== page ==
Achieving happiness is easy. I don’t mean eudaimonia – that oversophisticated happiness for Pinot-snuffling yuppies. I mean ordinary, practical happiness for ordinary, practical folk: utility. Achieving eudaimonia is definitely not easy; at your very approach it dances away like a will-o’-the-wisp on gossamer winds of pretentiousness. But utility? Utility is solid and graspable. In fact, Australians say ‘utility’ to refer to what Americans call a ‘pick-up truck’. A ute, we normally say. What’s more blunt and practical than that? Eudaimonia is a concept for sprinkling on your puy lentils to add that certain je ne sais quoi. Utility, on the other hand, is a concept you could change your sparkplugs with.
So, achieving ute is easy. Here’s how you do it. Start with the things you have. Now exchange them with people for other things you would prefer to have. People will participate in these exchanges whenever their preferences are different to yours. This will be often, since humans are psychologically diverse. Keep exchanging for as long as your preferences fail to be maximised, and you’ll always be getting closer to full happiness.
As the last of the United States’ armed forces withdraw from their prolonged engagement in Iraq, an observer can pause to reflect and consider the moral status of this conflict. Two recent experiences – incredibly trivial though they may be – inform my analysis. Firstly, I happened to chance upon In the Valley of Elah (a 2007 film whose story aims to highlight some of the terrible psychological effects that can result from throwing young individuals into such a conflict) the other day, and I found it quite compelling. Secondly, in a recent philosophy seminar that I was overseeing, a student attempted to raise the war in Iraq as an example that might offer support for a more general point about the validity of a consequentialist justification in moral reasoning; at the time I didn’t have any knowledge of the numbers involved, so I couldn’t say much about the nature of the example as regards a strictly consequentialist calculation. Due to my role, I felt compelled to stay silent at the time, and it left me frustrated.
The standout nominees from the Ames straw poll were one Tea Party member and someone who may as well be. They are set to make every possible opportunity out of the obvious weaknesses of their common rival, Mitt Romney, not least, as The Onion put it, his ‘dark past of trying to help uninsured sick people.’ There is a good deal of media fluff and bubble about the border issues these candidates like to campaign on – gay marriage, evolution, and other emotive distractions. But the real meat of their political philosophy comes down to one thing. They are small government people. They are seriously small government people. They are nanogovernmentalists. Rick Perry hates the idea of government spending so much he thinks quantitative easing is treason.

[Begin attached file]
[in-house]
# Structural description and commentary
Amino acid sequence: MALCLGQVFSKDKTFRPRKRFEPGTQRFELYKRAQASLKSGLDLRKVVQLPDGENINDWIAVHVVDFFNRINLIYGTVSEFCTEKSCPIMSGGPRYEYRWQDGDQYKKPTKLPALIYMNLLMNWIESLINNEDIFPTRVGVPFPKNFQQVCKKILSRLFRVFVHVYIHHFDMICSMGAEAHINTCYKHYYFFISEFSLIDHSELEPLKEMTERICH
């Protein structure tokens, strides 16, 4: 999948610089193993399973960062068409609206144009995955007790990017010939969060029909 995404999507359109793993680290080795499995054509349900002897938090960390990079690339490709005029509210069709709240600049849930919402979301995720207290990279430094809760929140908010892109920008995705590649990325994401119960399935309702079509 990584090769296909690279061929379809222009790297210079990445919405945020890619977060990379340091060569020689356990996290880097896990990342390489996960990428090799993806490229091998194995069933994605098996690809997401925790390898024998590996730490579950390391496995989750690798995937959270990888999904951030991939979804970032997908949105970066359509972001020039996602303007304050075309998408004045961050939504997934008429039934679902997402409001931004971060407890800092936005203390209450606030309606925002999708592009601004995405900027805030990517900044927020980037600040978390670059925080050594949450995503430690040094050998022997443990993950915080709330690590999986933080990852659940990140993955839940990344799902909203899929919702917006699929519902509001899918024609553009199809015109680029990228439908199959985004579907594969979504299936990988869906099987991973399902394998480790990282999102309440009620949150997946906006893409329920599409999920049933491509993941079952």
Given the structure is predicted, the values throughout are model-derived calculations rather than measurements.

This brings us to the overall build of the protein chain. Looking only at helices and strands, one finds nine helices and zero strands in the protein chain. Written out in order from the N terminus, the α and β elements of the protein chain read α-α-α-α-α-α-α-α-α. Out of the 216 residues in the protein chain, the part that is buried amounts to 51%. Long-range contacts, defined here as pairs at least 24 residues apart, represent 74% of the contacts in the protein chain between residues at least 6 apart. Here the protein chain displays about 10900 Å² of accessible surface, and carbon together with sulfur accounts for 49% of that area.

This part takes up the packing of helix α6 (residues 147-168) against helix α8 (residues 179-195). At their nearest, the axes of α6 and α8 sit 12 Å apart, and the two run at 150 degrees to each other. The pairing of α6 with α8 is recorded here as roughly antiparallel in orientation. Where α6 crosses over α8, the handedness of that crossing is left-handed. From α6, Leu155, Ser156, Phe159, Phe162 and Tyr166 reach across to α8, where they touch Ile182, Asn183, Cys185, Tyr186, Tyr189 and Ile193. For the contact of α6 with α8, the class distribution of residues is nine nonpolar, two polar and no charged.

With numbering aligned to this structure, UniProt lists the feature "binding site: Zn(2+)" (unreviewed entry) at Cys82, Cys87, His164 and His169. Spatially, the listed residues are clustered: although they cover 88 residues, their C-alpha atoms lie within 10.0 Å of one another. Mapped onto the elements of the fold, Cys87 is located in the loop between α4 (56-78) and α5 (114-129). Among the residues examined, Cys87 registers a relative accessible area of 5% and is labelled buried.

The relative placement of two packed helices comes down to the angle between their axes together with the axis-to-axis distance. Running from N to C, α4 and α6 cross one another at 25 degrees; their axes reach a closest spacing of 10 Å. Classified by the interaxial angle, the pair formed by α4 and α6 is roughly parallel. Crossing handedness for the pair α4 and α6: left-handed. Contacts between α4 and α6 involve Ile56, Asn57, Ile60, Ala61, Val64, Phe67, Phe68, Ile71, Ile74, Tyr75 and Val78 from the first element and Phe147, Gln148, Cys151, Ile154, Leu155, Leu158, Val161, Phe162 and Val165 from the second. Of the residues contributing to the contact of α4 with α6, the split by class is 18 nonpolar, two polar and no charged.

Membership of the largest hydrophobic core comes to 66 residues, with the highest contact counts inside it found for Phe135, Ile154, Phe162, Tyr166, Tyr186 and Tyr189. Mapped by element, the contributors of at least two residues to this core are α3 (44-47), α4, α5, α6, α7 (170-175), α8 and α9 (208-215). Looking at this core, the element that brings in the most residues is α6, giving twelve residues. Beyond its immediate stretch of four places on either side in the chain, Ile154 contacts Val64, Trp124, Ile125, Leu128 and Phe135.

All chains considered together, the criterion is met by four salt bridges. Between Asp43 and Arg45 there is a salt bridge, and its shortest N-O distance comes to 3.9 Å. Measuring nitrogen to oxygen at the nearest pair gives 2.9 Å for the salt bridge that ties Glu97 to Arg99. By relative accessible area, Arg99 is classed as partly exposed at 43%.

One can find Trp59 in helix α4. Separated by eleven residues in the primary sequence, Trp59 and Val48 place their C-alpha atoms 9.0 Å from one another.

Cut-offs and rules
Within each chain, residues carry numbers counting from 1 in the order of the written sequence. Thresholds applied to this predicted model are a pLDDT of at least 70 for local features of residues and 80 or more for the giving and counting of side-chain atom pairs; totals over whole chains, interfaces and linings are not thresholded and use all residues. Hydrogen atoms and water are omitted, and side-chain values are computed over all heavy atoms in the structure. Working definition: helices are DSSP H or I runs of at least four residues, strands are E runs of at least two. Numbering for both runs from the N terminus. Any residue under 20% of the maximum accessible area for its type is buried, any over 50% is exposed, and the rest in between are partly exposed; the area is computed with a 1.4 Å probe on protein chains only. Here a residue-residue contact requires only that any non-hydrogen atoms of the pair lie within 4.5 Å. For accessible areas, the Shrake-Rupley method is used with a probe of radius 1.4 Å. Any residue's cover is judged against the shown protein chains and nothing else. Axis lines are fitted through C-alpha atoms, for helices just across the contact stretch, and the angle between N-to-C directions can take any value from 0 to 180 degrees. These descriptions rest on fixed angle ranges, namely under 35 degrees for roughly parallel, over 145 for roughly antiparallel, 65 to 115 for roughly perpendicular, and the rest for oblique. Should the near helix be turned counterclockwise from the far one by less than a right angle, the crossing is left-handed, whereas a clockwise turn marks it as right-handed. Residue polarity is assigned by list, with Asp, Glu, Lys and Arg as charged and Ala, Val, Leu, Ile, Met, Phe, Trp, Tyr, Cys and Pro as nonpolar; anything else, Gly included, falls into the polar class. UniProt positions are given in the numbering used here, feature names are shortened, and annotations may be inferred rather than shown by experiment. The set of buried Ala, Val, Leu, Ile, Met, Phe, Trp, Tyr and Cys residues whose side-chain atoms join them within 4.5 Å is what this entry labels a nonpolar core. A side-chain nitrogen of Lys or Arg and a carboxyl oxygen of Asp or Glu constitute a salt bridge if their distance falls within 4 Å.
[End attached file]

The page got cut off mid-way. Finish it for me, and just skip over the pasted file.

When a political philosophy of this extremity becomes mainstream, the philosopher should take stock. Where does all the extremism come from? The answer does not lie in economics. According to the New York Times finance correspondent, Floyd Norris, ninety-five out of a hundred economists will say that government should be expanding rather than shrinking right now (listen to him on the NYTimes podcast, The Caucus). Even Christine Legarde has recently made a general recommendation for short-term increases in spending, balanced by long-term commitments to debt-reduction, as have George Soros and Gordon Brown.
In ‘The Animal that Therefore I am,’ Jacques Derrida invites readers to reconsider the classical distinction between ‘animal’ and ‘human.’ His critique includes a playful account of nudity – a meditation on the experience of being naked in the presence of one’s pet. The investigation suggests that Mr. Fluffy’s ability to make me ‘feel naked’ (i.e., to ‘shame’ me) calls into question the ‘difference’ between us.
Recent headlines offer a unique twist to this dynamic. As the summer months warm, families across the States are struggling to decide how old is too old for their children to play in the nude. Justifications and concerns vary, but many mark the cut-off at the moment when childhood innocence dissolves into adult (or adult-like) awareness – when the child begins to ‘feel naked.’